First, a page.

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Theatre review: 42nd Street at Opera House Manchester

Perfectly synchronised song and dance <i>(Image: Johan Persson)</i>
Perfectly synchronised song and dance (Image: Johan Persson)

42nd Street is utterly joyous, a tap-dancing choral extravaganzas in the best tradition of the musical comedies of the 1930s 

I grew up on the big musical films of the 1930s and 1940s – Fred Astaire, Ginger Rogers, Gene Kelly, Debbie Reynolds... The song and dance routines would bewitch me, and oh, those Busby Berkeley tap dances, with the entire space filled with tapping feet, spinning arms, sequins and feathers and huge toothy smiles. Last night’s show was therefore a glorious hit of nostalgia, allied with a new understanding of the sheer hard work that must go into every single scene. The talent, commitment and energy of this touring cast is just incredible. 

Great British Life: Faye Tozer 'Maggie Jones' and Les Dennis 'Bert Barry'Faye Tozer 'Maggie Jones' and Les Dennis 'Bert Barry' (Image: Johan Persson)

The stage musical was constructed in 1980, a version of the 1933 Hollywood film. The plot runs along the lines of a classic fairytale – there's a fairy godmother, a wicked witch (who comes good in the end, in Hollywood style), a chorus girl with big dreams, a handsome young man and so much sparkle and magic it spills out into the audience, who sit and gasp and laugh and cheer throughout.  

READ MORE: Les Dennis on turning 70 and his future career hopes

Set in 1933, famed Broadway show producers Jones (played by Faye Tozer) and Barry (Les Dennis) want to bring a new musical to the stage and bring in notable writer and director Julian Marsh (Michael Praed). They’re all living on a knife-edge of poverty, having lost everything in the Stock Market crash of 1929. The chorus line of boys and girls are desperate for work and come running to audition. The management team need a star and invite Dorothy Brock (Samantha Womack) to audition. Marsh is unwilling, but Brock brings with her the necessary funds from her sugar daddy, Abner Dillon (Anthony Ofoegbu). Chorus girl Peggy (Nicole Lily-Baisden) lands the first role of her career, but accidentally makes an enemy of Brock, before her star rises as high as it can go. 

Great British Life: Samantha Womack 'Dorothy Brock'.Samantha Womack 'Dorothy Brock'. (Image: Michelle George)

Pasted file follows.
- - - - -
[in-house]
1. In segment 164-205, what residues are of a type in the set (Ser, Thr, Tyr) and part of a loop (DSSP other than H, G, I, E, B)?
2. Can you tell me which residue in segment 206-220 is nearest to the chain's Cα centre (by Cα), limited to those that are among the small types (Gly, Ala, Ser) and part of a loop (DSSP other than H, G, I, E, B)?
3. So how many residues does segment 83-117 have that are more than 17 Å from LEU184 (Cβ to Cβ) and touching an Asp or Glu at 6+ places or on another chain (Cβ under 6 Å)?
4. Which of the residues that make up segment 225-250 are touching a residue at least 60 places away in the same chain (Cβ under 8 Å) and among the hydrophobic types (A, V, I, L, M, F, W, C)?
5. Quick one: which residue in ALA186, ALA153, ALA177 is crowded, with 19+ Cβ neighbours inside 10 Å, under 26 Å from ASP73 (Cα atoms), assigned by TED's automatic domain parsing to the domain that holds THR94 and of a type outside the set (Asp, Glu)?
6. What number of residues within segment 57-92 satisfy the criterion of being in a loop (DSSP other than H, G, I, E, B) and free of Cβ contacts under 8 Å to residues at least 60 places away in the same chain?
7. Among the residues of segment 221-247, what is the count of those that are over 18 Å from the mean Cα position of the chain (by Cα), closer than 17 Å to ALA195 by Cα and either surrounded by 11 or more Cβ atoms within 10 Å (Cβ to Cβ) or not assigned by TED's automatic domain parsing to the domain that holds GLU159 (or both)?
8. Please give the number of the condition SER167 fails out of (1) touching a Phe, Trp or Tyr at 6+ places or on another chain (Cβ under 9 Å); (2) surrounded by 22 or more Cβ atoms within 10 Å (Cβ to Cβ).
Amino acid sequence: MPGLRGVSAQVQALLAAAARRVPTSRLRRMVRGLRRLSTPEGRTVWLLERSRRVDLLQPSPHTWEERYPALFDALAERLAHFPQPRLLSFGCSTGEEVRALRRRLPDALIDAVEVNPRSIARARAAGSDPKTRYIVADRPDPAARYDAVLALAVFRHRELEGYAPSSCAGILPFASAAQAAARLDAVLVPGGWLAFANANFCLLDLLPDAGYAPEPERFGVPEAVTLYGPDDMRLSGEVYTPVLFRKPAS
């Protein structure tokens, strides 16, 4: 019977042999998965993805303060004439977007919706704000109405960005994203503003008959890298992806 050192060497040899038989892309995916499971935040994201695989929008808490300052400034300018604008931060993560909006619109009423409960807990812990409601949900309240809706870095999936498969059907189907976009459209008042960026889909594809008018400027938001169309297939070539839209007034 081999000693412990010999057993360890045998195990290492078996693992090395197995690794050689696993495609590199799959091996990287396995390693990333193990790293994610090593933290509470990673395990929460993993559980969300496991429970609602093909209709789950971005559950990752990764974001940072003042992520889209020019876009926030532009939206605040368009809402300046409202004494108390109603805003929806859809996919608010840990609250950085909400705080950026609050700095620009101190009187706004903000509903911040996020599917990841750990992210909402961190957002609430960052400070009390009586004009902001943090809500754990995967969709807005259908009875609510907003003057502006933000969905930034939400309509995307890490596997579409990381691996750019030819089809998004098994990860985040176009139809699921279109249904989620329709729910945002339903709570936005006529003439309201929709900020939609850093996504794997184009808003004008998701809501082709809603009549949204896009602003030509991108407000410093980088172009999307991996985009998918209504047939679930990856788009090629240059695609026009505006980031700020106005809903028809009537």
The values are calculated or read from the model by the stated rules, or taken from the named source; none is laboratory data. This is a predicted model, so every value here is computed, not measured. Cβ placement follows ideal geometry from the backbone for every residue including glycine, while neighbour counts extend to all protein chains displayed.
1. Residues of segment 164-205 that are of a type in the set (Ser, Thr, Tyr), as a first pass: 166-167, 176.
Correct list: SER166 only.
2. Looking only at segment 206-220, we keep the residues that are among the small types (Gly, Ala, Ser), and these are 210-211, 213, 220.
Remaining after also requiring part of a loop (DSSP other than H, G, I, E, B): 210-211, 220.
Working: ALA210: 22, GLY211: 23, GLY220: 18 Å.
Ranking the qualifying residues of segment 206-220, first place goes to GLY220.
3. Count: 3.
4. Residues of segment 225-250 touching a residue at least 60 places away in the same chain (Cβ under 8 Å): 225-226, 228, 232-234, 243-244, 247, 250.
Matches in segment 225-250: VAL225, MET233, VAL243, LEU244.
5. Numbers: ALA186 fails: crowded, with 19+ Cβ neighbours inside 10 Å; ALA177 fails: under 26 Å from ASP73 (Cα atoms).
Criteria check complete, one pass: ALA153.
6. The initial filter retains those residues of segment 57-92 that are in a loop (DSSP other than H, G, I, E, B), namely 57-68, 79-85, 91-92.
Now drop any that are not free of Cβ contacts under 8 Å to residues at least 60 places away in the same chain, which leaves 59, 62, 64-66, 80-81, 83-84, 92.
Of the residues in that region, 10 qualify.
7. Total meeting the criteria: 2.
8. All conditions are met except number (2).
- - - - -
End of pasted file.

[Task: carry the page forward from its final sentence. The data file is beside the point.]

Cue glorious song and dance number after glorious song and dance number. There’s plenty of comedy too – Samantha Womack’s character Brock has no dance talent, and Womack’s clunky renderings of Brock’s dance scenes are beautifully done – and plenty of banter between characters.  

The set is very clever, switching from backstage rehearsal space to dressing room to front of stage sparkle and glitter as the cast put on their show. And the costumes really seal the deal, with 1930s style in every line, from the dancers’ rehearsal shorts (no leg warmers here) to the floral tea dresses (I need more tea dresses in my life) to the gold and satin of the chorus line’s big numbers. Bliss for a fashion fan. 

Great British Life: Michael Praed 'Julian Marsh' and Nicole Lily Baisden 'Peggy Sawyer'.Michael Praed 'Julian Marsh' and Nicole Lily Baisden 'Peggy Sawyer'. (Image: Johan Persson)

There are some big names in this production, and they don’t disappoint. Fresh from his short, but entertaining, stint on Strictly, Les Dennis provides comedy, stage presence and even belts out a decent song, and his performance in Shuffle off to Buffalo is a masterpiece of comic skill. Samantha Womack is marvellous as the prickly, arrogant, yet vulnerable Dorothy Brock and gives a memorable performance. Faye Tozer, she of Steps fame, has had quite the West End career and you can see why – she's absolutely brilliant in every scene, has great comedy flair and a powerful voice. Michael Praed (oh, remember the hooded man? My first crush...) has transferred from the West End to this touring class, stepping into a new role however, and he’s superb. Intense and passionate as a producer, yet delivering some marvellous comedy in his eyebrow raising pep talks. And wow, when he belts out his closing solo... Swoon. Nicole-Lily Baisden has also transferred from the West End and shows her quite extraordinary talent in every dance step and song note. Wow. Sam Lips, in the role of Billy Lawler, the tenor love interest of Peggy is also very wow – another incredible vocal talent who can dance his socks off too. 

This is why this show lifts the audience from their seats. Every number just throws its energy into the auditorium. From the massive, tightly choreographed numbers such as Keep Young and Beautiful (best not to listen to the lyrics too closely) to the poignant Boulevard of Broken Dreams (Dorothy) and the fabulous 42nd Street (and oh wow, it is truly spectacular) every moment is designed to bring you joy. 

42nd Street plays at Opera House Manchester until Saturday October 21.


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